Rule #23: Always Leave an Empty Chair

This is another rule pulled directly from my missions training. But more than that it is the reason I am a God-fearing Christian today. The empty chair policy has two primary applications. Always leave room for someone to join your social group (club, click, or family). And always leave room for Jesus at the table.

Imagine for a moment this is a literal rule (and sometimes it should be taken literally). You have a group of 5 fiends that each lunch together every day at work/school/church. The natural tendency would be to find a table that holds 5 people close into your conversation and ignore the world around you. While this is not necessarily wrong and sometimes is the right thing to do it's not ideal as a daily practice. Imagine instead you find a table that holds 6 people. A literal extra chair at the table while you begin your conversation. From the outside everyone seas an empty chair. That speaks of welcoming. That speaks of openness. Christian's get a bad reputation for being closed and cliquish. It's not just a stereotype. Christian want to spend time with other Christians. So they develop a click that can't be joined in order to discuss Christian things. But this is counter-productive and the exact opposite of what it is supposed to be. From the inside of the group the open chair is a constant reminder that someone else is always welcome to join the group. They each individual feels free to welcome someone in and when someone does sit down in that chair everyone is reminded that that chair was open because they are welcome. I learned this principle in full when my missions team leader left a real chair empty as we circled up for debriefing. He pointed to it and "always leave an empty chair to welcome others and Jesus to the conversation". A few moments later one of our missions contacts sat down in the chair and joined us and we made a great connection with them. It may have been one of the most effective moments of the entire trip.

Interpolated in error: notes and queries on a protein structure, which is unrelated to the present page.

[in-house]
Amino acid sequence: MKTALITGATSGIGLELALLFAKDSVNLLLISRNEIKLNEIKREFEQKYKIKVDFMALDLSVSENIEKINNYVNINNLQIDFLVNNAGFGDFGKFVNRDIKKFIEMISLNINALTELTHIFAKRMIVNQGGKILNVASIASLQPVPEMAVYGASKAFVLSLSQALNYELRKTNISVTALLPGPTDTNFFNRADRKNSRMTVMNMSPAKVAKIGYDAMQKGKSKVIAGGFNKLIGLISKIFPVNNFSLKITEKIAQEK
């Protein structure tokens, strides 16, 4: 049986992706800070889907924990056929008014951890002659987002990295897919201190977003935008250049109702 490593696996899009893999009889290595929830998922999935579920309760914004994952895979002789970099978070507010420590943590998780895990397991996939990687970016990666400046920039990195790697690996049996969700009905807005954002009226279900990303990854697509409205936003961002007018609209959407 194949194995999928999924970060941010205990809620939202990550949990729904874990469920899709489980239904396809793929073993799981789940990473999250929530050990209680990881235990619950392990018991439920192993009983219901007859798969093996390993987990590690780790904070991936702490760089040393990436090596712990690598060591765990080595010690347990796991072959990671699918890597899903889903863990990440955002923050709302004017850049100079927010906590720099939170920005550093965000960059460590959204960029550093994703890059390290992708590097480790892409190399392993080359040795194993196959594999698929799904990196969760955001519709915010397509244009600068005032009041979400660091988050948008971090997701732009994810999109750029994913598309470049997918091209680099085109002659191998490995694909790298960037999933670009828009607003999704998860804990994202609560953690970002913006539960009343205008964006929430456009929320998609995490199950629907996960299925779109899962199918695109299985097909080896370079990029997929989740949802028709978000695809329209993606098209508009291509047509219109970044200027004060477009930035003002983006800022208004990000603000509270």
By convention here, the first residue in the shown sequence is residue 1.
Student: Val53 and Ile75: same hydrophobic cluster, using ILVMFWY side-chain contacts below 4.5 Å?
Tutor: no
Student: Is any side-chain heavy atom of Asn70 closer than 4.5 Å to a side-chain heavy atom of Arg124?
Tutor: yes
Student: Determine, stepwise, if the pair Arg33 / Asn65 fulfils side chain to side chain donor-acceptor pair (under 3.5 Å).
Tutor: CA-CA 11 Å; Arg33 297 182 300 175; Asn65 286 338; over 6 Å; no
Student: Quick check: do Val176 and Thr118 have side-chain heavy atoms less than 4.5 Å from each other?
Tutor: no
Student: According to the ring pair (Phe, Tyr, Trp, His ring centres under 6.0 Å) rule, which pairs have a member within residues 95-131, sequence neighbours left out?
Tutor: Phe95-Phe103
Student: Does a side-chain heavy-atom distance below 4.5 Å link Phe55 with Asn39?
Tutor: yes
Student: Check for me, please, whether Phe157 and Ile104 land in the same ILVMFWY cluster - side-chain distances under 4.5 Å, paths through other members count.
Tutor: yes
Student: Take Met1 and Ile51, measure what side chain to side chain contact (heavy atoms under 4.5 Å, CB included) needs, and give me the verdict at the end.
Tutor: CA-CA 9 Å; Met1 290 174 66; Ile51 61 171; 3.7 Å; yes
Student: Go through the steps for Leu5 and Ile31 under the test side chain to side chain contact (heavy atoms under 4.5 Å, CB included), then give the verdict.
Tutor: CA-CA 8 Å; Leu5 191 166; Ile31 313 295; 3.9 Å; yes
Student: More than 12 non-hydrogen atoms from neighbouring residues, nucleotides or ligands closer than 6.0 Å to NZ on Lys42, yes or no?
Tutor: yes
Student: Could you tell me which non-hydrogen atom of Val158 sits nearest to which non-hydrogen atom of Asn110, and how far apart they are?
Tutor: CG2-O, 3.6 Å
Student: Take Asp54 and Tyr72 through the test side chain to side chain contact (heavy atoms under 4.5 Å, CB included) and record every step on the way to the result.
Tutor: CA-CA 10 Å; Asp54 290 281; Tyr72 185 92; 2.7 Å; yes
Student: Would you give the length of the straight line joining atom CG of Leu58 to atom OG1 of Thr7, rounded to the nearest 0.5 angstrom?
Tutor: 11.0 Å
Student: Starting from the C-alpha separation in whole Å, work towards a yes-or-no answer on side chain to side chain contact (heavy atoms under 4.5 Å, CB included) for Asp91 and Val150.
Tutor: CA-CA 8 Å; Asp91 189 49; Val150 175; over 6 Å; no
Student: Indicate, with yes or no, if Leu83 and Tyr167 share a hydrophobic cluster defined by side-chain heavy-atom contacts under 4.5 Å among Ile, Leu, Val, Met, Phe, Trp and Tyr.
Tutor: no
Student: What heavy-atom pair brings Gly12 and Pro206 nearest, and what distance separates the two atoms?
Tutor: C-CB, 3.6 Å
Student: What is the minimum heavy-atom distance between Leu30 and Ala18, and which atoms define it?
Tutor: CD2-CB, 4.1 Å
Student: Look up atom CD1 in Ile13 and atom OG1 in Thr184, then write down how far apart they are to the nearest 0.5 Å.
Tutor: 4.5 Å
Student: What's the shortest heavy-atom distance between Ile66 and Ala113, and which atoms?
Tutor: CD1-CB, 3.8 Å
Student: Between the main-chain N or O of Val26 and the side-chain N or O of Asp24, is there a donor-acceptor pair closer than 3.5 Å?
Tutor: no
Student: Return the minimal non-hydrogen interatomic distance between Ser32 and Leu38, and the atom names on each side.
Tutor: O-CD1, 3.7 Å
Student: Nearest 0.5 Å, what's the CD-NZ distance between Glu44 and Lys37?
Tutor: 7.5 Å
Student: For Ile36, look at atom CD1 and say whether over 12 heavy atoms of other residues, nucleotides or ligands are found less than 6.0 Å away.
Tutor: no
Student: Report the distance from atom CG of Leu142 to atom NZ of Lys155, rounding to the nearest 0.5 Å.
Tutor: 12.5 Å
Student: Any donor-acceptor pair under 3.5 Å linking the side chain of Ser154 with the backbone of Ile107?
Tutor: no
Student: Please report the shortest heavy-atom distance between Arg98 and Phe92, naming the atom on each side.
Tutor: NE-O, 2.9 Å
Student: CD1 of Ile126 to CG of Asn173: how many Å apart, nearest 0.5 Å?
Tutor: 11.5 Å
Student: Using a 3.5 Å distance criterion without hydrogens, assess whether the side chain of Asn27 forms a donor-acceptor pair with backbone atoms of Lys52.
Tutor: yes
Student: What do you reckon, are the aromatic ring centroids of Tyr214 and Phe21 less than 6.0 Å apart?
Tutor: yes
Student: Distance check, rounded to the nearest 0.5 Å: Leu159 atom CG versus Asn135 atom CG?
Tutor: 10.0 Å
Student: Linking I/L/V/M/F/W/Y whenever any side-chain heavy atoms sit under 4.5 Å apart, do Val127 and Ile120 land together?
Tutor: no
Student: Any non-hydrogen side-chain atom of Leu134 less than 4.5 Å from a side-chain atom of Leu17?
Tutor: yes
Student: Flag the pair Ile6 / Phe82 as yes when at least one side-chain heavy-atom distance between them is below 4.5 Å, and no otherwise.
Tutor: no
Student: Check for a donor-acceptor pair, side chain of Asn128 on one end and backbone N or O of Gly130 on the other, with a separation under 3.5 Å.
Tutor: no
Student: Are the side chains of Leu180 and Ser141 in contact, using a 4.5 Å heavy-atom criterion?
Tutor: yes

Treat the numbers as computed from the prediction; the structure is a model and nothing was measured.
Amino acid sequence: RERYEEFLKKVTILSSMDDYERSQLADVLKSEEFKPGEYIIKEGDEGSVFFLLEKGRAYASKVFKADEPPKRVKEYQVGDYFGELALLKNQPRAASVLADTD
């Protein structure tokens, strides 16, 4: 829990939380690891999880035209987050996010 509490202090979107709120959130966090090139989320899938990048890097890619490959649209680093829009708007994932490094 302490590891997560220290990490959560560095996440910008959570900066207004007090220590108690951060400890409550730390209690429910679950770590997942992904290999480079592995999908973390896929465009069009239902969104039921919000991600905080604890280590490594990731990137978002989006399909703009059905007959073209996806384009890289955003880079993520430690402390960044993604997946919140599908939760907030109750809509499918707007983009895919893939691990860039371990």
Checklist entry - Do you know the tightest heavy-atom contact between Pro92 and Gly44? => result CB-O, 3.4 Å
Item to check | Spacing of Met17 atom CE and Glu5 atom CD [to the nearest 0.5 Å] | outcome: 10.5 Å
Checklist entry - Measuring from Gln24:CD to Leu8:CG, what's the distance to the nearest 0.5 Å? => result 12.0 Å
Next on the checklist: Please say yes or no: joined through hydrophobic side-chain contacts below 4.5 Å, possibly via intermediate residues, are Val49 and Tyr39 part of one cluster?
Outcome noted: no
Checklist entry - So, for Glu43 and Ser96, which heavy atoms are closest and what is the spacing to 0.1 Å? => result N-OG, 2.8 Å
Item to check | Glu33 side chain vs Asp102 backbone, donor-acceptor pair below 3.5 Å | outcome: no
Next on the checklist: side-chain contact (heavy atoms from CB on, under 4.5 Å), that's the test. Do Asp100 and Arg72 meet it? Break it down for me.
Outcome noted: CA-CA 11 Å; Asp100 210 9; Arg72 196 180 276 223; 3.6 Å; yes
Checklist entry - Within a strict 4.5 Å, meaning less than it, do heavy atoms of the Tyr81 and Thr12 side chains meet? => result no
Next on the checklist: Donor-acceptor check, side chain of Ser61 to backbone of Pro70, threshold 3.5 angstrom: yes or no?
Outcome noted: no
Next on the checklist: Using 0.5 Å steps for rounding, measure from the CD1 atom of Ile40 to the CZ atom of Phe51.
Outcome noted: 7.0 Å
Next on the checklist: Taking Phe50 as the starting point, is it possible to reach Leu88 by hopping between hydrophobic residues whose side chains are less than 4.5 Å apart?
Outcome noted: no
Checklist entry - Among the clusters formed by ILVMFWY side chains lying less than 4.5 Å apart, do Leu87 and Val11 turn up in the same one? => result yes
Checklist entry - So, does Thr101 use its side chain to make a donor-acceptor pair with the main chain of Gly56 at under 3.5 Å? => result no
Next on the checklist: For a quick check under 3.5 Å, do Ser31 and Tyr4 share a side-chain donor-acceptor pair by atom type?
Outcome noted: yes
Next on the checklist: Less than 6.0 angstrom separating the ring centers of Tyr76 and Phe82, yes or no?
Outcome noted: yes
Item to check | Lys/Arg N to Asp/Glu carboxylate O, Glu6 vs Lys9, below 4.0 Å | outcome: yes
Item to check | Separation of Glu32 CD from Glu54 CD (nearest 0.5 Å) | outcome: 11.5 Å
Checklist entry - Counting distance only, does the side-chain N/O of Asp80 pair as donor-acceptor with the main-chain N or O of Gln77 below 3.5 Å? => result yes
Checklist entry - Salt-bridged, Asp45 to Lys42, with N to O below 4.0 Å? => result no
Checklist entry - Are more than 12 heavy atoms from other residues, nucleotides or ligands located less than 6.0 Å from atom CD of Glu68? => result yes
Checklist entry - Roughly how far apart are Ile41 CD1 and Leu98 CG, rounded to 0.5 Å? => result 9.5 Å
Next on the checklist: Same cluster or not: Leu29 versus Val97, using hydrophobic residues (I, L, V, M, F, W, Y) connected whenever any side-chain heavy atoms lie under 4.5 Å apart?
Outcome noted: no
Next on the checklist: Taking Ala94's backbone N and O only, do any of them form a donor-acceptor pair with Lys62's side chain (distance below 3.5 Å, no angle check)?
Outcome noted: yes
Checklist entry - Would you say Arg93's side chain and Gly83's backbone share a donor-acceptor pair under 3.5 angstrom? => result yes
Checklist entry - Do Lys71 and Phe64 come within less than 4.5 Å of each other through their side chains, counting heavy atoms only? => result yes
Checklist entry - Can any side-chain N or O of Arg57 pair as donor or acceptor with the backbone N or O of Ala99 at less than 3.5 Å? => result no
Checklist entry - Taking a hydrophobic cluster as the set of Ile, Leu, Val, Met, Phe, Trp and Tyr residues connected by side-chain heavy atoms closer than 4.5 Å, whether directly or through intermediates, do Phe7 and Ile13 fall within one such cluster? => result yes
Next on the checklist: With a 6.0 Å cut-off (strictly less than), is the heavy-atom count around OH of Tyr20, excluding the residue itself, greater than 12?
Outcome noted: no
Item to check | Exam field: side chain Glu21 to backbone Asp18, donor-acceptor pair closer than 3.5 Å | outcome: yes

The 2nd application of the rule is less for Christian groups and more about our individual activities. I don't meet with only Christian groups. Nor should I. And when I do meet with my Christian friends it's not always to discuss Christian stuff. I have a book club where we discuss science fiction, fantasy, and creative writing. But our group knows there is always room to turn the conversation to Jesus. That group and it's discussions on the books we read has given me countless revelations in scripture and life. Sometimes from the books we read that reveal subtle truths, sometimes from someone simply sharing an experience or obstacle. Every person in the group knows they are in a safe place where they and Jesus are always welcome. Welcoming Jesus into the group also means welcoming the "least of these." Remember the goats and the sheep from scripture. "I was naked and you clothed me, I was hungry and you fed me." Jesus said just as you have showed compassion to the least of these so you have done it to me. Always leave room in the conversation for Jesus and always welcome Jesus in the form of "the least of these".

The most important aspect of the rule is not the empty chair but the welcome. When someone does join the group they must be truly welcomed into the group as one of the insiders. If they are a friend joining family dinner they are now a member of the family. If they are a non-Christian joining your Christian small group they are the same as the rest of the members. The conversation doesn't suddenly revolve around them. The best thing you can do to evangelize in that venue is to treat them the same as the rest of the group.

The last concept is perhaps rather ambiguous between Rule #23: Always leave an empty chair. and Rule #21: There will always be a remnant. (Go after the one). It may go back and forth a bit. I call this Bill Wilson's Corollary from his sermon titled "Jesus Doesn't Love Everyone the Same". It's a shock title more than a fact but also a powerful principle. After an angel reveals himself to Mary and Martha who came to see Jesus he tells them "Go tell his disciples and Peter" [that Jesus is risen]. Why "and Peter"? As Bill Wilson point's out because Peter is hurting the most. Peter just denied Jesus 3 times. Peter is so ashamed he is going back to being a fisherman. Peter, who when he actually saw Jesus was so excited he jumped off the boat and swam to him. Peter who confessed 3 times "I love you" in response to Jesus question the longest conversation we see with Jesus after his resurrection. Sometimes when one person in our group is hurting it's time to leave the 99 sheep and go after the one that is lost, hurting, and broken. Sometimes that's the person who joins the group only moments before.